We beg to differ
[Nevadans for Equal Parenting] condemns Dennis Myers’ piece in today’s Reno News & Review. Is this an editorial or is it journalism? Mr. Myers has misrepresented, twisted and slanted his article to express his own political viewpoint. He attempts to portray NEP as trying to take advantage of the unfortunate shooting of Judge Weller, which he calls an “assassination.”
—Unsigned e-mail from Nevadans for Equal Parenting
Just because some anonymous person chooses to call an assassination attempt an “unfortunate shooting” doesn’t make it so.
Let’s call a spade a spade. According to Encarta World English Dictionary, North American Edition, an assassination is “the killing of somebody, especially a political leader or other public figure, by a sudden violent attack.”
There can be no doubt—none—that groups and individuals are attempting to take political advantage of the attempted assassination of Judge Weller and brutal murder of Charla Mack. It may be up to those groups or individuals to try to influence how the public perceives their motives, but it is not this newspaper’s responsibility to help them. It is Myers’ job as a journalist in this newspaper to present to the public the evidence of his senses.
Here’s the bottom line: The murder of a mother and the attempted assassination of a judge is prima facie evidence of a broken mind. In a civilized society, there are no laudable reasons for cold-blooded murder, and the act doesn’t elevate a murderer’s imagined grievances to the public dialogue. In fact, if Darren Mack did commit the crimes of murdering Charla Mack and attempting to assassinate Judge Weller, doesn’t that suggest that maybe Weller knew what he was doing with regard to Mack’s case?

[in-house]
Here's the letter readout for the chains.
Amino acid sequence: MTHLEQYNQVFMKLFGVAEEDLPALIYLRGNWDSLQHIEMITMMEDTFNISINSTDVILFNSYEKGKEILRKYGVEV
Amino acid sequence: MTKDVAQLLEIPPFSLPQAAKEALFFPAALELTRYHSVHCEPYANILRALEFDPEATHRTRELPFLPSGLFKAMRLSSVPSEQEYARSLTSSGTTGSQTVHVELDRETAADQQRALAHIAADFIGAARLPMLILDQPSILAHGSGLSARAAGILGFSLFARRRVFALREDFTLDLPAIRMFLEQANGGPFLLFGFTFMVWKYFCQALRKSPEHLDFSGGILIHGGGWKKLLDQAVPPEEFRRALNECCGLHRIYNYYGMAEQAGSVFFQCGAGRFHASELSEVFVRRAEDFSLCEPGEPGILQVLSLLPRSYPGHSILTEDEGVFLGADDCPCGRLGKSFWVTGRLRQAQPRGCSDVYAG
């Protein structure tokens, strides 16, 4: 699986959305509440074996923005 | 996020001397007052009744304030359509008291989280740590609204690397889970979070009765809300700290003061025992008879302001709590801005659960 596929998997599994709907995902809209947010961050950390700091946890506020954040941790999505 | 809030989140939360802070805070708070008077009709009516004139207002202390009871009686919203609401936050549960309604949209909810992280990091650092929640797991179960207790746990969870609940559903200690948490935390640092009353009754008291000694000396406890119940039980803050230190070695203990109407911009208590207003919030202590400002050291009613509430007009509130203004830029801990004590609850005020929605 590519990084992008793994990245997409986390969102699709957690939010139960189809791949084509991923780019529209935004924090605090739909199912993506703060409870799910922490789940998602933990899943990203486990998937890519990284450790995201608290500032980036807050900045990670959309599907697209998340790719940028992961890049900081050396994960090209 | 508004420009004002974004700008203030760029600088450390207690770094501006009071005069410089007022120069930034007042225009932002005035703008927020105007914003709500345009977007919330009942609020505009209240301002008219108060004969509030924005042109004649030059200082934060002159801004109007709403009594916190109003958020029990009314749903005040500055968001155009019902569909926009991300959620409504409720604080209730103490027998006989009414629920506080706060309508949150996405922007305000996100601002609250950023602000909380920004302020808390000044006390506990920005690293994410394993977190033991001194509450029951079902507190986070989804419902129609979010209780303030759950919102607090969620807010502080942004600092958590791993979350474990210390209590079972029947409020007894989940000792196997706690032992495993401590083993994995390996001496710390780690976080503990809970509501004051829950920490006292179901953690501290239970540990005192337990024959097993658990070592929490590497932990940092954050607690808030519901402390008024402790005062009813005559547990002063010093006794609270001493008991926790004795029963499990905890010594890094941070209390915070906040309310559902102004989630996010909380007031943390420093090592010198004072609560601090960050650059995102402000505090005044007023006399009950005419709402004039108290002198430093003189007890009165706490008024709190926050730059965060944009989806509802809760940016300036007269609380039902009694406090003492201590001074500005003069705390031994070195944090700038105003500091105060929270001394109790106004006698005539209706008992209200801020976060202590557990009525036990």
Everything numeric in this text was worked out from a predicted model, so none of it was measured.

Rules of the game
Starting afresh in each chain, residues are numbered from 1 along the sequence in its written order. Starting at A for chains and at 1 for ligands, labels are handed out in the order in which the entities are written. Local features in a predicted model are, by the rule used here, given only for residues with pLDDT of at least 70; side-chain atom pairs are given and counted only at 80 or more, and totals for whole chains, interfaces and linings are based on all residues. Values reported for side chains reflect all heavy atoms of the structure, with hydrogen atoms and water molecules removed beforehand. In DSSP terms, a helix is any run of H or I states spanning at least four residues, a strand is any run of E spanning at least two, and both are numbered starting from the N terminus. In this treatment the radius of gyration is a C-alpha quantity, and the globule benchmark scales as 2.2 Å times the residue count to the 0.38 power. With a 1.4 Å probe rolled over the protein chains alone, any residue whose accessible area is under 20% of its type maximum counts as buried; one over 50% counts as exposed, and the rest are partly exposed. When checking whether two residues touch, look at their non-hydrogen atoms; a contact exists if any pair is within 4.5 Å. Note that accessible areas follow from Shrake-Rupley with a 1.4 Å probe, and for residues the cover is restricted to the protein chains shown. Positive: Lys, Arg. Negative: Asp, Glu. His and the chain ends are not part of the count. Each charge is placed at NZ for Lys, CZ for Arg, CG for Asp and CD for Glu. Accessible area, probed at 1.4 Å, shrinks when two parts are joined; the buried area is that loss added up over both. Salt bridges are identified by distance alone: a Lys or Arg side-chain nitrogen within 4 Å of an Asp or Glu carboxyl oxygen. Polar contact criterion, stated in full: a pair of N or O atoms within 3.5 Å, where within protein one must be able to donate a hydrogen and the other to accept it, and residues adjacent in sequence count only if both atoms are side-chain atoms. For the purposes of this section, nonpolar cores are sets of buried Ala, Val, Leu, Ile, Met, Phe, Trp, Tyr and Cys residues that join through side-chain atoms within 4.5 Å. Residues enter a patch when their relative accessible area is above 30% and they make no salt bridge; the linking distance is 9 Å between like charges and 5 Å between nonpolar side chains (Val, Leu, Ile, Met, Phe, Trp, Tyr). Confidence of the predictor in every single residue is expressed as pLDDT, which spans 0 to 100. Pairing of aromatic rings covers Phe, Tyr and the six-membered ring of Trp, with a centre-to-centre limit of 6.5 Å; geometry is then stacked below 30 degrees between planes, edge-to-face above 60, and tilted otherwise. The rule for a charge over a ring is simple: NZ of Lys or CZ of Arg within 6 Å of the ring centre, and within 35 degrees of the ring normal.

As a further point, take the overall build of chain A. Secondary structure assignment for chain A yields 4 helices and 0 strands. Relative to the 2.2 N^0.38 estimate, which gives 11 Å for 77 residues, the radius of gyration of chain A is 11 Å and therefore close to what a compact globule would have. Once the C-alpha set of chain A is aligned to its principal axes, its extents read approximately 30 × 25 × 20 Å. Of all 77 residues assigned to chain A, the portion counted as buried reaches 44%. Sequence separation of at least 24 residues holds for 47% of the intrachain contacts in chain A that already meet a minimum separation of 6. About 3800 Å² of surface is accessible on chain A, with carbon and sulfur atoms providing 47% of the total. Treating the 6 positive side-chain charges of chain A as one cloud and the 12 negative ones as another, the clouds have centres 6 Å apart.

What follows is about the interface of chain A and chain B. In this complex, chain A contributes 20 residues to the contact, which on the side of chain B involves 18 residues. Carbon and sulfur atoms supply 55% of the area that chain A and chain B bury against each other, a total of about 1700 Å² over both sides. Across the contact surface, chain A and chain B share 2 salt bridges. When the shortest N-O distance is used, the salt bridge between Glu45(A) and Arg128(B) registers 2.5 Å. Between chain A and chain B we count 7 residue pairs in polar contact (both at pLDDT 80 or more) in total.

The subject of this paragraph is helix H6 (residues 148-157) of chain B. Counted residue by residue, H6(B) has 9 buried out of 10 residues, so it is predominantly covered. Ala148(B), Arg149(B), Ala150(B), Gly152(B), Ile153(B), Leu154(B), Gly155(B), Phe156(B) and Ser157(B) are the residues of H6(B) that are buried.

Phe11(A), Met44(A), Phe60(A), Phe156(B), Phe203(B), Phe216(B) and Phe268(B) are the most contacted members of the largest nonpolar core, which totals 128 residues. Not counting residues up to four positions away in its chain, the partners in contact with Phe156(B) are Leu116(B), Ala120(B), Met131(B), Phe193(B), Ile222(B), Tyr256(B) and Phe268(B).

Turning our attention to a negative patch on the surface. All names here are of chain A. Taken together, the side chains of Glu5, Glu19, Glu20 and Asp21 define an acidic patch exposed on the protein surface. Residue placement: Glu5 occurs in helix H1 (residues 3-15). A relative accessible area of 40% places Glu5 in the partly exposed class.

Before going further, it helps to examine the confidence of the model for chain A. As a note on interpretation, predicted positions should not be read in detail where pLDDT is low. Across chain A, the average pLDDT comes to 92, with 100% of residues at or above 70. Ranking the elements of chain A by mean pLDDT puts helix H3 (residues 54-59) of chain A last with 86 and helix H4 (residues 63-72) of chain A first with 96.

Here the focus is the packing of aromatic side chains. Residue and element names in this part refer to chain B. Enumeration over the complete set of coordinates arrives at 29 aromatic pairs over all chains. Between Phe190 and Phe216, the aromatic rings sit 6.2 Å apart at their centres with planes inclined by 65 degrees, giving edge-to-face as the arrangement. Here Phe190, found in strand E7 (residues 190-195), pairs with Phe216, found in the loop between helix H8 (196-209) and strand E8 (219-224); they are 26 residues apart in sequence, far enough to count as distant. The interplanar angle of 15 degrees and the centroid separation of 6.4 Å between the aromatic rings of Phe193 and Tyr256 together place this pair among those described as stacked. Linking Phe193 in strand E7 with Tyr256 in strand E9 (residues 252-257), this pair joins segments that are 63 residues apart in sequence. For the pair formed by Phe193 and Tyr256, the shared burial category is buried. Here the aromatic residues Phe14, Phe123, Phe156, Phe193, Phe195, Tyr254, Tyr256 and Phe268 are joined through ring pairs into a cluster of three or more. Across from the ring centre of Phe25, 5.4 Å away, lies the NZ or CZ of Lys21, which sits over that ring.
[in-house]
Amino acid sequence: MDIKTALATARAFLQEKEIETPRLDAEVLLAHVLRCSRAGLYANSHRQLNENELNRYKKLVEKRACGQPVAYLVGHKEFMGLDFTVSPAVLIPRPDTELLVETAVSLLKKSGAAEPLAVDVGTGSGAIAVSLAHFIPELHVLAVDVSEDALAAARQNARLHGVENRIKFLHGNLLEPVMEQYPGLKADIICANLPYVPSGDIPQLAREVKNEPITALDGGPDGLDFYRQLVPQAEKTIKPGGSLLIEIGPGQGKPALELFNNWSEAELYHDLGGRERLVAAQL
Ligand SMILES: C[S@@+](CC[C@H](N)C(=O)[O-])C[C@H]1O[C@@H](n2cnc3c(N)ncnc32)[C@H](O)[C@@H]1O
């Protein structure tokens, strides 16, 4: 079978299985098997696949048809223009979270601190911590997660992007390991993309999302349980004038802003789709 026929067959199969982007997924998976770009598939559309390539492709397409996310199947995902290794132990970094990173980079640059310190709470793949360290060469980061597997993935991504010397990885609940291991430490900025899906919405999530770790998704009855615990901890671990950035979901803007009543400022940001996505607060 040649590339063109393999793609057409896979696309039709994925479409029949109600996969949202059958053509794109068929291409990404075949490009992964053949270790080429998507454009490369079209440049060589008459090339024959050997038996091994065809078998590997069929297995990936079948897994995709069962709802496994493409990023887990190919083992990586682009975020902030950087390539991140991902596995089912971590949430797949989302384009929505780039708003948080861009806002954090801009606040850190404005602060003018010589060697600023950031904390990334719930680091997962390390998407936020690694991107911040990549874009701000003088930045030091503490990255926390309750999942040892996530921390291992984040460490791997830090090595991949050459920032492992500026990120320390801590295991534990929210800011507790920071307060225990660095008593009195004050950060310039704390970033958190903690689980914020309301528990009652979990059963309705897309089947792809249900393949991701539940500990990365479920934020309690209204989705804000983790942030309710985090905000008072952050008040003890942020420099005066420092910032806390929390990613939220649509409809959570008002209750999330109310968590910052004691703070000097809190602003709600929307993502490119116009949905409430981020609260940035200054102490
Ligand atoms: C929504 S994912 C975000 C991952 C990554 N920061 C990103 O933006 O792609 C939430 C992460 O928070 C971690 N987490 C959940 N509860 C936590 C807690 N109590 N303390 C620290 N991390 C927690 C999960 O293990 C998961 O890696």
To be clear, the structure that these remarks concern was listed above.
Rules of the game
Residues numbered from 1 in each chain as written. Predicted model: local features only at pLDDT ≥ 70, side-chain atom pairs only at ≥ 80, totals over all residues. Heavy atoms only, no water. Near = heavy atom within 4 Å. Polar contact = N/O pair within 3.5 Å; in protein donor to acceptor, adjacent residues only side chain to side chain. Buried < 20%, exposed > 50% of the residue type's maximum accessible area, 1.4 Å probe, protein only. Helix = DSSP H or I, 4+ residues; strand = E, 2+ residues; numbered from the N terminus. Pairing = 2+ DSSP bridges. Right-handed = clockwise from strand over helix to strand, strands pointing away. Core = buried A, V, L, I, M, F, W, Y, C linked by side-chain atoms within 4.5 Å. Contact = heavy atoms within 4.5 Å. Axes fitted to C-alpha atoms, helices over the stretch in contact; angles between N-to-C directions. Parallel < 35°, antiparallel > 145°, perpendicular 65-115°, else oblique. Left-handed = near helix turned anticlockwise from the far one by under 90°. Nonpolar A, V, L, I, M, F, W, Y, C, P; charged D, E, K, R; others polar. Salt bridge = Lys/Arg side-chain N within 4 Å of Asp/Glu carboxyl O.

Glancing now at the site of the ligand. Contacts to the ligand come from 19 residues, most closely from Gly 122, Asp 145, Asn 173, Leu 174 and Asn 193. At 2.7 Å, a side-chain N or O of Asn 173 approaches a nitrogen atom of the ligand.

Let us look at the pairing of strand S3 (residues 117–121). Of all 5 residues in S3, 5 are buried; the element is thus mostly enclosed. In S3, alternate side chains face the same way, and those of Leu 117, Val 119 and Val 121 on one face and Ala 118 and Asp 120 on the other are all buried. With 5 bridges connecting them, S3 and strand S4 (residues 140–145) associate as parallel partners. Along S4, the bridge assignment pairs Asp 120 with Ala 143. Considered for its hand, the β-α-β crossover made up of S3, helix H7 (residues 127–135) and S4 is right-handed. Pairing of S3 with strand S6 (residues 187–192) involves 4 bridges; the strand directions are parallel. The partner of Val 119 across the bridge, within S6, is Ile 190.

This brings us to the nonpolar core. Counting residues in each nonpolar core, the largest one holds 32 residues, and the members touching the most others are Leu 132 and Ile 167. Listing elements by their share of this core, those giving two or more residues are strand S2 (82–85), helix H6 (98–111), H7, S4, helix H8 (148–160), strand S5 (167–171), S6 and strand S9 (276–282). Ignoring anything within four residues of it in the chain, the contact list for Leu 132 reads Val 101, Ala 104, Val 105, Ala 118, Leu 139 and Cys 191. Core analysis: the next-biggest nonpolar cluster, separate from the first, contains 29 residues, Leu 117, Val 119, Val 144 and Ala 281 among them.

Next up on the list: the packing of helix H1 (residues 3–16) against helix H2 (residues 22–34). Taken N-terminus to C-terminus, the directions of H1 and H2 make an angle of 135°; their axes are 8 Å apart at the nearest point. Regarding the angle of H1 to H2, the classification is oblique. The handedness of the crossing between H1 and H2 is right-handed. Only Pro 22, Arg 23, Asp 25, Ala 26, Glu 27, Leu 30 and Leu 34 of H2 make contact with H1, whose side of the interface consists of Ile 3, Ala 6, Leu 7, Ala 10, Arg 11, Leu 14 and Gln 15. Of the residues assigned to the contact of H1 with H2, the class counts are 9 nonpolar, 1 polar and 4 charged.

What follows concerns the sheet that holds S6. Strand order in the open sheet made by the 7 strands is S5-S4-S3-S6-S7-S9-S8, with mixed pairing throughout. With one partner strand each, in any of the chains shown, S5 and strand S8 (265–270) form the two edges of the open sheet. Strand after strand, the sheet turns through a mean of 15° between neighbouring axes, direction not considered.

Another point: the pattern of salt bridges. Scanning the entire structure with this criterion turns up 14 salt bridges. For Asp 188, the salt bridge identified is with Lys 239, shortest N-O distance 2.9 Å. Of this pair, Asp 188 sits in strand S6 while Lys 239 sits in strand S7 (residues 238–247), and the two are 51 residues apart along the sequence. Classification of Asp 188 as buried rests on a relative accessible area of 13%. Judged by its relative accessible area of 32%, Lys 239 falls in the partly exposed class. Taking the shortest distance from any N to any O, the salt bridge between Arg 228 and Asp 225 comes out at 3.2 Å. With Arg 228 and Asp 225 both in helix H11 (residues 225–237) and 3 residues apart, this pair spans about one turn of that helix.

If anything, until justice is done, it is less likely that issues with which the accused is associated will get a public hearing.
But there’s an entire world that exists outside these pages, and there are groups other than Nevadans for Equal Parenting that may or may not be attempting to gain some political traction from the foul deeds that were perpetrated in this city. The opposing side of the custody question is also trying to use the murder of Charla Mack and assassination attempt on Weller to try and prove something about all men.
For example, one communication to this newspaper from a group (whose existence could not immediately be verified) included this: “Fathers’ rights groups do not represent good dads. Dads who are divorcing are under enough stress. They are not well served by fathers’ rights groups. Decent men would be well warned to avoid fathers’ rights groups if they want to do right by their children.”
Blanket statements that generalize “fathers’ rights groups” and “dads” do just as much to shut down dialogue as blanket statements about “mothers” and elevating the acts of an alleged murderer to a political statement.
There may come a day when policies at the Family Court are publicly argued, but it won’t happen until the facts of the Darren Mack case are presented in a court of law.